Passionate About Boston
and the Moms Who Live Here

Not Staying Together for the Kids


Not long ago, I ran into a college friend while my husband and I were out to dinner. By way of introduction, I told my husband how she and her husband were my neighbors in our senior year apartment complex.

“Actually,” she interrupted, “X and I broke up.”

After flustering for a second, we were able to resume small talk and bid each other a good night. But I remained surprised and saddened by her news. This is a couple that had two little children and had been together for almost 15 years. This is the third impending divorce in my acquaintance/friend circle. What used to be something that happened to other people distantly is now beginning to encroach much closer to home.

Like many people, I had more than several relationships with varying degrees of seriousness before I met my husband. I think, for the most part, these relationships and experiences have made me a better spouse and much more appreciative of my husband and all his qualities and quirks. None of the break ups in my pre-marriage dating history was easy or fun. But I shudder to think of the challenges of breaking up when there are children involved.

I was discussing my concerns with another friend who happens to be the child of an acrimonious divorce. She made an excellent point: “There is no such thing as a nuclear family any longer. This is just part of it.” She’s right — with families made up of two moms or two dads, or grandparents being the primary caregivers, why isn’t there room for two people — who were previously married — to still be partners in parenting?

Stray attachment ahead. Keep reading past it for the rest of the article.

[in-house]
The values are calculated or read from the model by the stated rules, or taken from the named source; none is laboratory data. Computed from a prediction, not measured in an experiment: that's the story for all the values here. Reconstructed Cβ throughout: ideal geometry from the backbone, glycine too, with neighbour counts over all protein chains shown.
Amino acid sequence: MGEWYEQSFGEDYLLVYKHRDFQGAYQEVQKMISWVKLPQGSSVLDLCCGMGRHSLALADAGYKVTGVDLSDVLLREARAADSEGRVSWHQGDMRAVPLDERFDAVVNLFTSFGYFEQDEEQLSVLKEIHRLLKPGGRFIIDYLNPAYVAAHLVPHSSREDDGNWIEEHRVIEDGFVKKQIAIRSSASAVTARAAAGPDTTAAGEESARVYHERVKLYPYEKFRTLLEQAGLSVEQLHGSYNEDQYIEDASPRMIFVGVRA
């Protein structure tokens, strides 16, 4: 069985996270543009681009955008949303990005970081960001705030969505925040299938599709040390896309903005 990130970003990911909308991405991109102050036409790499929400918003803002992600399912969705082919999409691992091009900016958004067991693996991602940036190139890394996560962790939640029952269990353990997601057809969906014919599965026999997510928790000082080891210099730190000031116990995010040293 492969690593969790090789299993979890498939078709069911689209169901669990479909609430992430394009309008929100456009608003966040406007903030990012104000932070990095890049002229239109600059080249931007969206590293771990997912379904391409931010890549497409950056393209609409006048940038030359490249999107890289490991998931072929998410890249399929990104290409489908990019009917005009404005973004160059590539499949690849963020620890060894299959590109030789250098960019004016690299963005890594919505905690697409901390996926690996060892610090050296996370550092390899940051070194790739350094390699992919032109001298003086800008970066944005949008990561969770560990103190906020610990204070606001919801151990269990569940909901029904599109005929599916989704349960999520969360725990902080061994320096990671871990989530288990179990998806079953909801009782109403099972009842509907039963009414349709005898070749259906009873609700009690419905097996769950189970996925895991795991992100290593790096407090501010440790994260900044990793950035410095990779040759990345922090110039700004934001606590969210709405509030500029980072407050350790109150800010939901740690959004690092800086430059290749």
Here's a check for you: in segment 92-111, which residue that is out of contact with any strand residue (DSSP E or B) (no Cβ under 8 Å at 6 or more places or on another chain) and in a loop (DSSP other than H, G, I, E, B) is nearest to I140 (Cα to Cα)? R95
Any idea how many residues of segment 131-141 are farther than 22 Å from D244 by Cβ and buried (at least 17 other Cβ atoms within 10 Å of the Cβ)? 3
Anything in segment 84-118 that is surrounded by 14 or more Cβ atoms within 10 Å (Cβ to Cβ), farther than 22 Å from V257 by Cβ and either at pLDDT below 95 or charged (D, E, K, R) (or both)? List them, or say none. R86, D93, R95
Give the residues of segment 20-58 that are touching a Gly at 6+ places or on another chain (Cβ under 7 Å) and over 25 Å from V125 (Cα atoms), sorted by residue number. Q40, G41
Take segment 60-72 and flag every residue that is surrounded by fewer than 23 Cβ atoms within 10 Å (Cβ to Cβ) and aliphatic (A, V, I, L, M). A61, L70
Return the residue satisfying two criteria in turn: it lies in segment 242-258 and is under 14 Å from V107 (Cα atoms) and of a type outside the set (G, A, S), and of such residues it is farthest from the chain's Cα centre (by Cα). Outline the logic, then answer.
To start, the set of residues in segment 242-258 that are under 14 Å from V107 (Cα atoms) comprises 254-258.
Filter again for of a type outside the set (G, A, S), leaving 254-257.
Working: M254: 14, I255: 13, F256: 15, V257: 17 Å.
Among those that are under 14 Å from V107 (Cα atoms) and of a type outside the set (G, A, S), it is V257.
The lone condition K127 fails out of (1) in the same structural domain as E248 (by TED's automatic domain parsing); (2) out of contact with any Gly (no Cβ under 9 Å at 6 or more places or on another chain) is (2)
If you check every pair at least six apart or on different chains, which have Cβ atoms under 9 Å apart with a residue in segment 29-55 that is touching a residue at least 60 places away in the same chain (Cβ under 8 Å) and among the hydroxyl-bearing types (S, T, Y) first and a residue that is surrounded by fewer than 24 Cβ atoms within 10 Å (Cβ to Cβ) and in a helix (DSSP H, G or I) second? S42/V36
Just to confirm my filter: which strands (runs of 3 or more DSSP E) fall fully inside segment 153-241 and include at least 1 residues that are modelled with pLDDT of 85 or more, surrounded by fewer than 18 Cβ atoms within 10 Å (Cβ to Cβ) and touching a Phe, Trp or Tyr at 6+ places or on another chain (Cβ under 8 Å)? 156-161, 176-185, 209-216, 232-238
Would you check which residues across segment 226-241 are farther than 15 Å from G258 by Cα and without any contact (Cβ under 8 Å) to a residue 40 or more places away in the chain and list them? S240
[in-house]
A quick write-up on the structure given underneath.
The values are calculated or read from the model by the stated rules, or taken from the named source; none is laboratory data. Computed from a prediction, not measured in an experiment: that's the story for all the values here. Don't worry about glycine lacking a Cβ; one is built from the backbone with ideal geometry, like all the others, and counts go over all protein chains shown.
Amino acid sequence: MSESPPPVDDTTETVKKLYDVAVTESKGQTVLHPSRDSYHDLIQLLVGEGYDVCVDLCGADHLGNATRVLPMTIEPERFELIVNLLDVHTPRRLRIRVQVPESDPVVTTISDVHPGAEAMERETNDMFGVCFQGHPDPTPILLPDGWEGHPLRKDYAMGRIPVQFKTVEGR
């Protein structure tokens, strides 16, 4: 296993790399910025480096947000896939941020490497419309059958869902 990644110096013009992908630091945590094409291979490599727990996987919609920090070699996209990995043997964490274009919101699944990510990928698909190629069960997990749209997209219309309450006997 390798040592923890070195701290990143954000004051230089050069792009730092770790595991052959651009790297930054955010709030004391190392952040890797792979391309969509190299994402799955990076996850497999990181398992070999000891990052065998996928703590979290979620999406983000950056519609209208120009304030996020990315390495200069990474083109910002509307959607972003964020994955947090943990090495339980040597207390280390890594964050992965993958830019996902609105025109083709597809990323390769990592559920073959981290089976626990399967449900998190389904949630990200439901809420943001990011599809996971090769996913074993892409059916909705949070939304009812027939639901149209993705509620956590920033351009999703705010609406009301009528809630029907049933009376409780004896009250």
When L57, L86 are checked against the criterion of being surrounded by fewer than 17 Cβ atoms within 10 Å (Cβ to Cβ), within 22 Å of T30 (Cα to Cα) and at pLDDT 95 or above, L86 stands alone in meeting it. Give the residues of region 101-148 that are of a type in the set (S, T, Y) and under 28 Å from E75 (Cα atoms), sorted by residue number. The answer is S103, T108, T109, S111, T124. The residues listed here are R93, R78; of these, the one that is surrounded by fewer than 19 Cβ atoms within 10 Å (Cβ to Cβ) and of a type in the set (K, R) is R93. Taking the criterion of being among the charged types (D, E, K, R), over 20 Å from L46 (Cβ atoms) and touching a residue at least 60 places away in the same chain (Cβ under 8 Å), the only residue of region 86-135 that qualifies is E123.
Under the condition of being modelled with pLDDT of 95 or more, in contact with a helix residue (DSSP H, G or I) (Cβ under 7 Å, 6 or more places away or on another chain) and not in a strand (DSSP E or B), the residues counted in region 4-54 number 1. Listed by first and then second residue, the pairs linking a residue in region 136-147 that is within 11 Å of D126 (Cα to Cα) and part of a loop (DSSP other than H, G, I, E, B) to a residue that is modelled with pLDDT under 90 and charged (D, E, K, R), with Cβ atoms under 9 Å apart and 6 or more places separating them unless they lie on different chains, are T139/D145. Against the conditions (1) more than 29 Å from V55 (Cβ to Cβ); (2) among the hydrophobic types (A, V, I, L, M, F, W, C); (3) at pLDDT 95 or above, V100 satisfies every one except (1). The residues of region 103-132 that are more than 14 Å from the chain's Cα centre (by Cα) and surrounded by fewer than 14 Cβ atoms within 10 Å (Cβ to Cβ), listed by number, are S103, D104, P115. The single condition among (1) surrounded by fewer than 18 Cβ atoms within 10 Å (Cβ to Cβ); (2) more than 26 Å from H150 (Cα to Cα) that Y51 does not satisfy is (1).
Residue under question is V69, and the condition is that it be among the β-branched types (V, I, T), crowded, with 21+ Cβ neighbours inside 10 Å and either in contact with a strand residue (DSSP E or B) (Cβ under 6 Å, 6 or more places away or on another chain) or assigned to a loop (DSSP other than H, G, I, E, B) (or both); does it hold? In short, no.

Maybe it’s not just about “blended families” anymore but a conscientious and mostly successful effort of co-parenting and creating a co-family. As much as we made fun of the term “conscious uncoupling,” maybe Ms. Goop was on to something. Our parents’ generation of divorces seemed to be mostly bitter and rancorous. I think our generation of more progressive thinking and acceptance can allow for this anthropologic change.

I saw this article the other day about Jennifer Garner and Ben Affleck. Jennifer Garner is a classy lady who is a wonderful role model. Even though her marriage has ended, her partnership with her children’s father has not. She acknowledges her “modern family” and makes the point that it’s her children who come first.

I texted my newly single friend the next day apologizing for any awkwardness and wishing her the best. She replied with kind words and stated, “It’s OK — things will be back to normal soon.” And maybe that’s what we are all trying to do. We are all trying to find the new normal for ourselves and our families. That can mean adding a new baby, a loved one passing away, moving to a new city, or ending a relationship. In these major life events, we are all simply seeking happiness and finding the new normal.

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